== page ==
* Gold ETFs holdings fall to lowest since August 2009
* German index hits record highs (Updates prices)
By Clara Denina
LONDON, May 7 (Reuters) - Gold eased on Tuesday as its appeal as an alternative investment faded after European shares rose on prospects of sustained central bank stimulus, while holdings in exchange-traded funds slipped to their lowest in more than three years.
The metal came under pressure as Britain and Japan returned from a long weekend and looked to assess comments by European Central Bank (ECB) President Mario Draghi on Monday, reiterating the bank was ready to trim rates again if needed. (ID:nL6N0DN2DE]
Meanwhile, Australia's central bank cut rates to a new low of 2.75 percent and suggested it may do more.
Lower interest rates usually favour gold as they encourage investors to put money into non-interest-bearing assets such as the metal, but cyclical assets including equities seem more attractive at the moment, analysts said.
"The monetary easing news will continue to support liquidity, favouring more cyclical assets like stocks rather than defensive ones like precious metals," Credit Suisse analyst Karim Cherif said.
Cherif added that charts of past price patterns suggested that gold now had limited prospects of rising above $1,480 an ounce.
"Moreover, the technical picture seems weak and $1,480 seems difficult to break," he said.
Gold eased 0.6 percent to $1,460.60 by 1203 GMT. It had risen to a near three-week high of $1,487.80 on Friday on safe-haven buying spurred by a cut in interest rates by the ECB and the U.S. Federal Reserve's decision to stick to its stimulus programme. But it failed to hold onto gains.
"Gold is struggling against the important resistance range at $1,469.8 and $1,504.33, the 50 percent and 62 percent retracements of the March 21 to April 16 sell-off," UBS technical analysts said in a note.
U.S. gold for June delivery was at $1,460 an ounce, down 0.5 percent.
European shares rose, with sentiment boosted by a record high in the German DAX index and forecast-beating earnings, while the euro erased earlier losses versus the dollar after German industrial orders beat forecasts.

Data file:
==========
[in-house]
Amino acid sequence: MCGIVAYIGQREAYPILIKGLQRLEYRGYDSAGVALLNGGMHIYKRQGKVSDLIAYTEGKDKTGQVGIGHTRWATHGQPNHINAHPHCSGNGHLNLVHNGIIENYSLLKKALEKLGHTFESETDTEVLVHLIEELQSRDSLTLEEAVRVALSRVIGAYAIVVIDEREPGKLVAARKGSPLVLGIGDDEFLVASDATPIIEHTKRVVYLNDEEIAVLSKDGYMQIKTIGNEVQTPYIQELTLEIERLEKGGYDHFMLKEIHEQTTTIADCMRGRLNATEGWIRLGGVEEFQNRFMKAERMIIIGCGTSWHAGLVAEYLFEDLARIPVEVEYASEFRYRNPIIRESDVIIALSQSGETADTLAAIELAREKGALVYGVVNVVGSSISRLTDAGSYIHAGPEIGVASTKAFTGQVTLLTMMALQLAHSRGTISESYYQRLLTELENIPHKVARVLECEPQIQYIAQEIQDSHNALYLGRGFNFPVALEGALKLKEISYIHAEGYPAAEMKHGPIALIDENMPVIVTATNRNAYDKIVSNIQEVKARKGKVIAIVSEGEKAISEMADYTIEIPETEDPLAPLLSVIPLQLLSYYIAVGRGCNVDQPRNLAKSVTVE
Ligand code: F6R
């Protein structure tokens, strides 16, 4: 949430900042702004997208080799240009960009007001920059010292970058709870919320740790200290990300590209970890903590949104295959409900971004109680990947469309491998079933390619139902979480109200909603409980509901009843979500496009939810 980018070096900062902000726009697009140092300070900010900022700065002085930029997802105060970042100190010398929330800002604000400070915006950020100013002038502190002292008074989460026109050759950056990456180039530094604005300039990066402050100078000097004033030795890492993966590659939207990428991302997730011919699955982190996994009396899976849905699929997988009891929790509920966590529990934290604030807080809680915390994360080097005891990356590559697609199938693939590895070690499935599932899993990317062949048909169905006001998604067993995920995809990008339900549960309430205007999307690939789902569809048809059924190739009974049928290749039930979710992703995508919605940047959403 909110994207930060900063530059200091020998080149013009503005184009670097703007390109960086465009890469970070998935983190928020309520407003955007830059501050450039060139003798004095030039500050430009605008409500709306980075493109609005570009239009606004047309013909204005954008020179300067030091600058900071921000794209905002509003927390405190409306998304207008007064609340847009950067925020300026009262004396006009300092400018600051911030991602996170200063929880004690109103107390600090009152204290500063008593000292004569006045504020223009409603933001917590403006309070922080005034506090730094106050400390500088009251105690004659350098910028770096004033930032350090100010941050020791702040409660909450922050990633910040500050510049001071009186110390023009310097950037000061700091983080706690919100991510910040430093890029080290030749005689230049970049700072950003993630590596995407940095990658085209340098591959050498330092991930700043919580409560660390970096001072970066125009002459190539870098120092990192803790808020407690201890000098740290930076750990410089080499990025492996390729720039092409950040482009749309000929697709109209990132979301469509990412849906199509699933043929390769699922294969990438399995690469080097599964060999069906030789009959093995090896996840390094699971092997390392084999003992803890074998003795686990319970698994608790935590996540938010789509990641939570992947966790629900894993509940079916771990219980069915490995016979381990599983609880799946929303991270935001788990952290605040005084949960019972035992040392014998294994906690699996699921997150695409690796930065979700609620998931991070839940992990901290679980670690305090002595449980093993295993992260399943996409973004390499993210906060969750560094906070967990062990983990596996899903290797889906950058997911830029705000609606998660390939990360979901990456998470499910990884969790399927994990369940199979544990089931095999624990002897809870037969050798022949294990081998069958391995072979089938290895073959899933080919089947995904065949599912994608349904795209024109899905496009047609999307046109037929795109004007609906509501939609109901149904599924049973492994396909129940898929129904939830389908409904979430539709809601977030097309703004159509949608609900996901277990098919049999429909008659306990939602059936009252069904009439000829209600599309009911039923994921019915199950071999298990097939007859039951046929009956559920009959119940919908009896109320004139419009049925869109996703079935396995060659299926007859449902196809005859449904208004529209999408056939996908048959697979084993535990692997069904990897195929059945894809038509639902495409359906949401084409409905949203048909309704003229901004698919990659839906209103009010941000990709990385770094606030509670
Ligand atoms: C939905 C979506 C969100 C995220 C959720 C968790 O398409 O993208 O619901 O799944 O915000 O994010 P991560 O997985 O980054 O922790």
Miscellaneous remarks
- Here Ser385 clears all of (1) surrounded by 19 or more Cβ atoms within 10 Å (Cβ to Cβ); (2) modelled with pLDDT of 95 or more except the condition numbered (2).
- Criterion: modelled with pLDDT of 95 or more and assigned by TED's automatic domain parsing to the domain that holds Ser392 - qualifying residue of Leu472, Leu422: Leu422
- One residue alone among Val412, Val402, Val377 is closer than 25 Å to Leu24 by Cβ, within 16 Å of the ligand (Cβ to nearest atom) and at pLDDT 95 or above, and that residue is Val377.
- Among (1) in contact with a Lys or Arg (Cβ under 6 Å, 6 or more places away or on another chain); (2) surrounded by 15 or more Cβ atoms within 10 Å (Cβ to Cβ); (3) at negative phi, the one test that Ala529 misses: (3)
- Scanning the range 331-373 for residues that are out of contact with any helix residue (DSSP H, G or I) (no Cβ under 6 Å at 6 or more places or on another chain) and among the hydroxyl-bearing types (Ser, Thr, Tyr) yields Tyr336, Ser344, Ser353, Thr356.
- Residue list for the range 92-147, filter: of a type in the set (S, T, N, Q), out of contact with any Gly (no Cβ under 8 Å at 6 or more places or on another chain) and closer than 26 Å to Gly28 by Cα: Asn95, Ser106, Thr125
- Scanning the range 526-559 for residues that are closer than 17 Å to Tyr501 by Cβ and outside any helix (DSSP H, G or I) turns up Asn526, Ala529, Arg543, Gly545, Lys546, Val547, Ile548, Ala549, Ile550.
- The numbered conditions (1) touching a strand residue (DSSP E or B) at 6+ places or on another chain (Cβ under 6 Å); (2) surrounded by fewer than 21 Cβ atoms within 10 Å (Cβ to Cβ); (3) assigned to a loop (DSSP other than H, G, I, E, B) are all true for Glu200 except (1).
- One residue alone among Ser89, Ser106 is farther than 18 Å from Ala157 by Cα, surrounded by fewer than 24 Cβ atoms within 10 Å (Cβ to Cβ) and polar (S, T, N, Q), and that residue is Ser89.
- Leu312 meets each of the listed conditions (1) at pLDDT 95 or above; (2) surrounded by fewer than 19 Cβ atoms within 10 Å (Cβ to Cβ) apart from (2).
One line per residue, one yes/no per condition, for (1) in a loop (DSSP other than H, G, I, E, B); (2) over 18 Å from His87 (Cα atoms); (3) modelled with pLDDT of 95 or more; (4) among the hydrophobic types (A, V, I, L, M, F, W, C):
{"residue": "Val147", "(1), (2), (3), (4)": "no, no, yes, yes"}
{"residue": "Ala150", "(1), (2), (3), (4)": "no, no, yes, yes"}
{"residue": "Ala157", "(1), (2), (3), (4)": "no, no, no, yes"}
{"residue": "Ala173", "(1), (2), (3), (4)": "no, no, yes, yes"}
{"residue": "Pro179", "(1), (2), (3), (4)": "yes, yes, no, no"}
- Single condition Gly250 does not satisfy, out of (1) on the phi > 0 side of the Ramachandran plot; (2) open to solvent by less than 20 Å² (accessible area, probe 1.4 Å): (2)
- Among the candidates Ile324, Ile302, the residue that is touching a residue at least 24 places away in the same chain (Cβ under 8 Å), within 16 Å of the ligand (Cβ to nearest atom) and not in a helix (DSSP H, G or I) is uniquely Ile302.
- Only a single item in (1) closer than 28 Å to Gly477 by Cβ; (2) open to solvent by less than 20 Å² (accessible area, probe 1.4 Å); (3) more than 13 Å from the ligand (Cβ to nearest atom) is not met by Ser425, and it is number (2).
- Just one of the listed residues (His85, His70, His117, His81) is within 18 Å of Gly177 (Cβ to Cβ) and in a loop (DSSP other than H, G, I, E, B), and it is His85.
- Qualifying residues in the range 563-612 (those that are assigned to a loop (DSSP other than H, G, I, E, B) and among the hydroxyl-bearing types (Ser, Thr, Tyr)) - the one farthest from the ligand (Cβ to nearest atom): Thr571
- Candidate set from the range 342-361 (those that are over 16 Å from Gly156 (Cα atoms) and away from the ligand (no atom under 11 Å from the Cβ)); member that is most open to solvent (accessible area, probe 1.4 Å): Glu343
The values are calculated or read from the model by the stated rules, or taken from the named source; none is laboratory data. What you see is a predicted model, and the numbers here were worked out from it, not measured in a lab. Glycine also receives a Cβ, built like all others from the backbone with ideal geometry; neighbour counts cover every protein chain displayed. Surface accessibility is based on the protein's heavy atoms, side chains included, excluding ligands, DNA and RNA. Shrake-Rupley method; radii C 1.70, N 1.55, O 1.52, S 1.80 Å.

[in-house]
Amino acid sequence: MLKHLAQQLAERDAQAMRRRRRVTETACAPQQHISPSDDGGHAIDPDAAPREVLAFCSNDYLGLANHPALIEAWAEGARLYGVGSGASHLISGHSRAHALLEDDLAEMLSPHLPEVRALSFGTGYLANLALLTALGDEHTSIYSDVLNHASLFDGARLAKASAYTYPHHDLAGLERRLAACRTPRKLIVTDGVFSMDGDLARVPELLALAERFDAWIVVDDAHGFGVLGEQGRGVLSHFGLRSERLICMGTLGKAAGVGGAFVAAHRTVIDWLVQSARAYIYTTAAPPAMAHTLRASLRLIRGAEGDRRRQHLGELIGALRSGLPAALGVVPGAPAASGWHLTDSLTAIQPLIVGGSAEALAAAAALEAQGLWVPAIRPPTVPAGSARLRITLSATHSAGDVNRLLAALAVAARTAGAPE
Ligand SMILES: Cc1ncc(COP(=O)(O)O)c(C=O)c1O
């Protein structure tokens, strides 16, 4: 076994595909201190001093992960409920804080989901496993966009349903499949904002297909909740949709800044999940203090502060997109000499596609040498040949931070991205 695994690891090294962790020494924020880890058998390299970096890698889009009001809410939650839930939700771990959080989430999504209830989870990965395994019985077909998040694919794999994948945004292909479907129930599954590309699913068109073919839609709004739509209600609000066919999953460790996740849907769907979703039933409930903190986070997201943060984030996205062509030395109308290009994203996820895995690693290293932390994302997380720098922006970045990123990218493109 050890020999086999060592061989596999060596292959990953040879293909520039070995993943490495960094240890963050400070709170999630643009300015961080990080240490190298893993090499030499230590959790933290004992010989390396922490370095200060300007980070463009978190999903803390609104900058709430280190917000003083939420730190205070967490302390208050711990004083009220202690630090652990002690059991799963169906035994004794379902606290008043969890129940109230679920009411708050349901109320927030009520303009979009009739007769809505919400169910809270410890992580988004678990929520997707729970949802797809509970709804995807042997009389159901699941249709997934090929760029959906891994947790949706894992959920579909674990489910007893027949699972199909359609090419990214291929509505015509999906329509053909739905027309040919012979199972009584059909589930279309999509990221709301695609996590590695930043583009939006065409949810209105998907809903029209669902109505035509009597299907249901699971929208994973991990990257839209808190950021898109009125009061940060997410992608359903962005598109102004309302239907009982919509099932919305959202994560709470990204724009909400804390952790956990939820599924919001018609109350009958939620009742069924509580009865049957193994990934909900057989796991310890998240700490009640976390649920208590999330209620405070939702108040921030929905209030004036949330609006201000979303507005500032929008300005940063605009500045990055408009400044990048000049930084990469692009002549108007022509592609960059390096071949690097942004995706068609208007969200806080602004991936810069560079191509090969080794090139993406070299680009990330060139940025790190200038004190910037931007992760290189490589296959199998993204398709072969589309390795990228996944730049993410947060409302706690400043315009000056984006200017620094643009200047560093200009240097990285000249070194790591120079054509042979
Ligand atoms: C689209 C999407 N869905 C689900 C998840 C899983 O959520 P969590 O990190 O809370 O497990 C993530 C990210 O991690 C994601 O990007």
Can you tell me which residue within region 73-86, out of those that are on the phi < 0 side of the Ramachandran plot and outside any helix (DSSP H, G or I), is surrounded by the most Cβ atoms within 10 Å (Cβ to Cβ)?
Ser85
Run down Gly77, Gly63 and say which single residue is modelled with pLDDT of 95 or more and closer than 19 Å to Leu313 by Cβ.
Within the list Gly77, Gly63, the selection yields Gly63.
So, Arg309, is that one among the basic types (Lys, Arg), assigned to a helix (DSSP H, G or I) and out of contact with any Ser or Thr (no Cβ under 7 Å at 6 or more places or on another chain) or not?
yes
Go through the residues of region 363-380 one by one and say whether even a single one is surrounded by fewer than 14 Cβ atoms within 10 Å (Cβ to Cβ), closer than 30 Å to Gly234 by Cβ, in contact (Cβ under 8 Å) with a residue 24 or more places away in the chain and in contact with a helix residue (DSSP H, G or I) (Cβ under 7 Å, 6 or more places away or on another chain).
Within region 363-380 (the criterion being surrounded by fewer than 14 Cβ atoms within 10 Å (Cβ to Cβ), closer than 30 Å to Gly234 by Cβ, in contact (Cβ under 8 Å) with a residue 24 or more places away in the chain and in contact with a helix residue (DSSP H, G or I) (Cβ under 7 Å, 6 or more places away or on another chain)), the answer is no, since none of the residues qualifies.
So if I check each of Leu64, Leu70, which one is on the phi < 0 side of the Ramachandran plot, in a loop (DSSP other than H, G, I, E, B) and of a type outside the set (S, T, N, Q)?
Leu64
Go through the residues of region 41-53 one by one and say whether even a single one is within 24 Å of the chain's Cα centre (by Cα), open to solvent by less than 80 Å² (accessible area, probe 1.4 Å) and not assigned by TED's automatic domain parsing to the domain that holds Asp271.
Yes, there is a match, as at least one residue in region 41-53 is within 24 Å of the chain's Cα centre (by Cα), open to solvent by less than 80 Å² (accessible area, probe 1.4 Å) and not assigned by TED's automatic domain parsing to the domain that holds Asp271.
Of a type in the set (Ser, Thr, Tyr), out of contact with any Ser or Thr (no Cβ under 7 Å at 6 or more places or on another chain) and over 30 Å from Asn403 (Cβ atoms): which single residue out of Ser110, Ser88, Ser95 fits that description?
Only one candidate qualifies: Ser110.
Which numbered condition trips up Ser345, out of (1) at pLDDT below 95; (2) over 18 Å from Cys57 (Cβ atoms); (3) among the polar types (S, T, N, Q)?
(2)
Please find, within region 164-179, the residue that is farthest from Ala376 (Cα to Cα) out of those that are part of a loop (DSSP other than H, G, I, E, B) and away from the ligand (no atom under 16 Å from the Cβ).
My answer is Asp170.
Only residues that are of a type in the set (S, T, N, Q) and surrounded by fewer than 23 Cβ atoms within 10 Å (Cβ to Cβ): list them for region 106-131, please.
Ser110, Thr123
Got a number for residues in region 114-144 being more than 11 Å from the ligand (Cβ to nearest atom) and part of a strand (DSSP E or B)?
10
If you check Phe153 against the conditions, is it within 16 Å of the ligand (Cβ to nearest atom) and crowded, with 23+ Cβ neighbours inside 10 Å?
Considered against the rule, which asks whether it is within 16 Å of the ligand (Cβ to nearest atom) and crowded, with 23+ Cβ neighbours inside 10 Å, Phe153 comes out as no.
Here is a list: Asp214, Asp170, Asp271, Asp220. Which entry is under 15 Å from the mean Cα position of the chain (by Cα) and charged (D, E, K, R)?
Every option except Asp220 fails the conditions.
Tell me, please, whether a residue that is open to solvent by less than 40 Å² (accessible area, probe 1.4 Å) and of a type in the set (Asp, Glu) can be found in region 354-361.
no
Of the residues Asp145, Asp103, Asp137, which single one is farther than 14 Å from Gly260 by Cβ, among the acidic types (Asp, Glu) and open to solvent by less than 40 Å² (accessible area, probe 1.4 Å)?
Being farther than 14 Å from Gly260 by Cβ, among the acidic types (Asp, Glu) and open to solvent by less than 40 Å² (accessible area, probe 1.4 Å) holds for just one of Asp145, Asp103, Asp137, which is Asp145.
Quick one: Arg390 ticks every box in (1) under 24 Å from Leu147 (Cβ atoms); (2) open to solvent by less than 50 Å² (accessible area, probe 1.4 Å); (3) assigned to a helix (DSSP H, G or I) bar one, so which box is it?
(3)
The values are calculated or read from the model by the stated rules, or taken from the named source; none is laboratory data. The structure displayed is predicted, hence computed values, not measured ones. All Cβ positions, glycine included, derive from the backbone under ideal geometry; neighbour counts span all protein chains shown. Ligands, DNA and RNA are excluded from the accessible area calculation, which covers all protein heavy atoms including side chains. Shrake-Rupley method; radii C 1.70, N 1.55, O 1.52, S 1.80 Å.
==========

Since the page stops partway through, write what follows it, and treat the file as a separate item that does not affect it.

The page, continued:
Gold plunged to $1,321.35 an ounce on April 16, its lowest in more than two years, after a drop below $1,500 and fears of central bank sales led to a sell-off that stunned investors and prompted them to slash holdings of exchange-traded funds.
The price drop ignited a buying frenzy in Asia and other parts of the world, leading to a shortage of gold bars, coins and nuggets in Hong Kong, Singapore and Tokyo, and helping the metal stage a rebound.
But gold's failure to revisit the $1,500 level suggested that the confidence of exchange-traded fund (ETF) investors in the metal was unlikely to be restored easily.
Investment in ETFs, which allow investors to gain exposure to gold prices without holding actual bullion, has fallen more than 12 percent in 2013 after rising for each of the past 12 years.
ETFs OUTFLOWS CONTINUE
Holdings of SPDR Gold Trust, the world's largest gold-backed exchange-traded fund, fell a further 0.3 percent to 1,062.30 tonnes or 34.15 million ounces on Monday - the lowest since August 2009.
"ETF outflows continue to be gold's key downside risk," MKS Capital said.
Meanwhile, hedge funds and money managers increased their bullish bets in gold futures and options in the week to April 30 as the price of the precious metal rallied 4.5 percent during the period, a report by the Commodity Futures Trading Commission (CFTC) showed on Friday.
Interest for gold bars and coins remained keen, with the Chinese and Indian markets helping drive premiums higher, traders said.
Hong Kong's gold exports data showed flows to mainland China rose to 223.519 tonnes in March, more than doubling the 97.1-tonne level in February.
"Physical supply is still a bit tight. The world is happy to buy gold, especially when prices were below $1,400. But gold is reluctant to go above $1,475 because of the ETFs," said a dealer in Hong Kong.
In other precious metals, platinum fell 1.1 percent to $1,486.49 an ounce. Palladium dropped 0.6 percent to $687.22, having hit a two-week high of $702.50 on Friday, and silver lost 1.1 percent to $23.71 an ounce. (Additional reporting by Lewa Pardomuan in Singapore; editing by Jason Neely and Anthony Barker)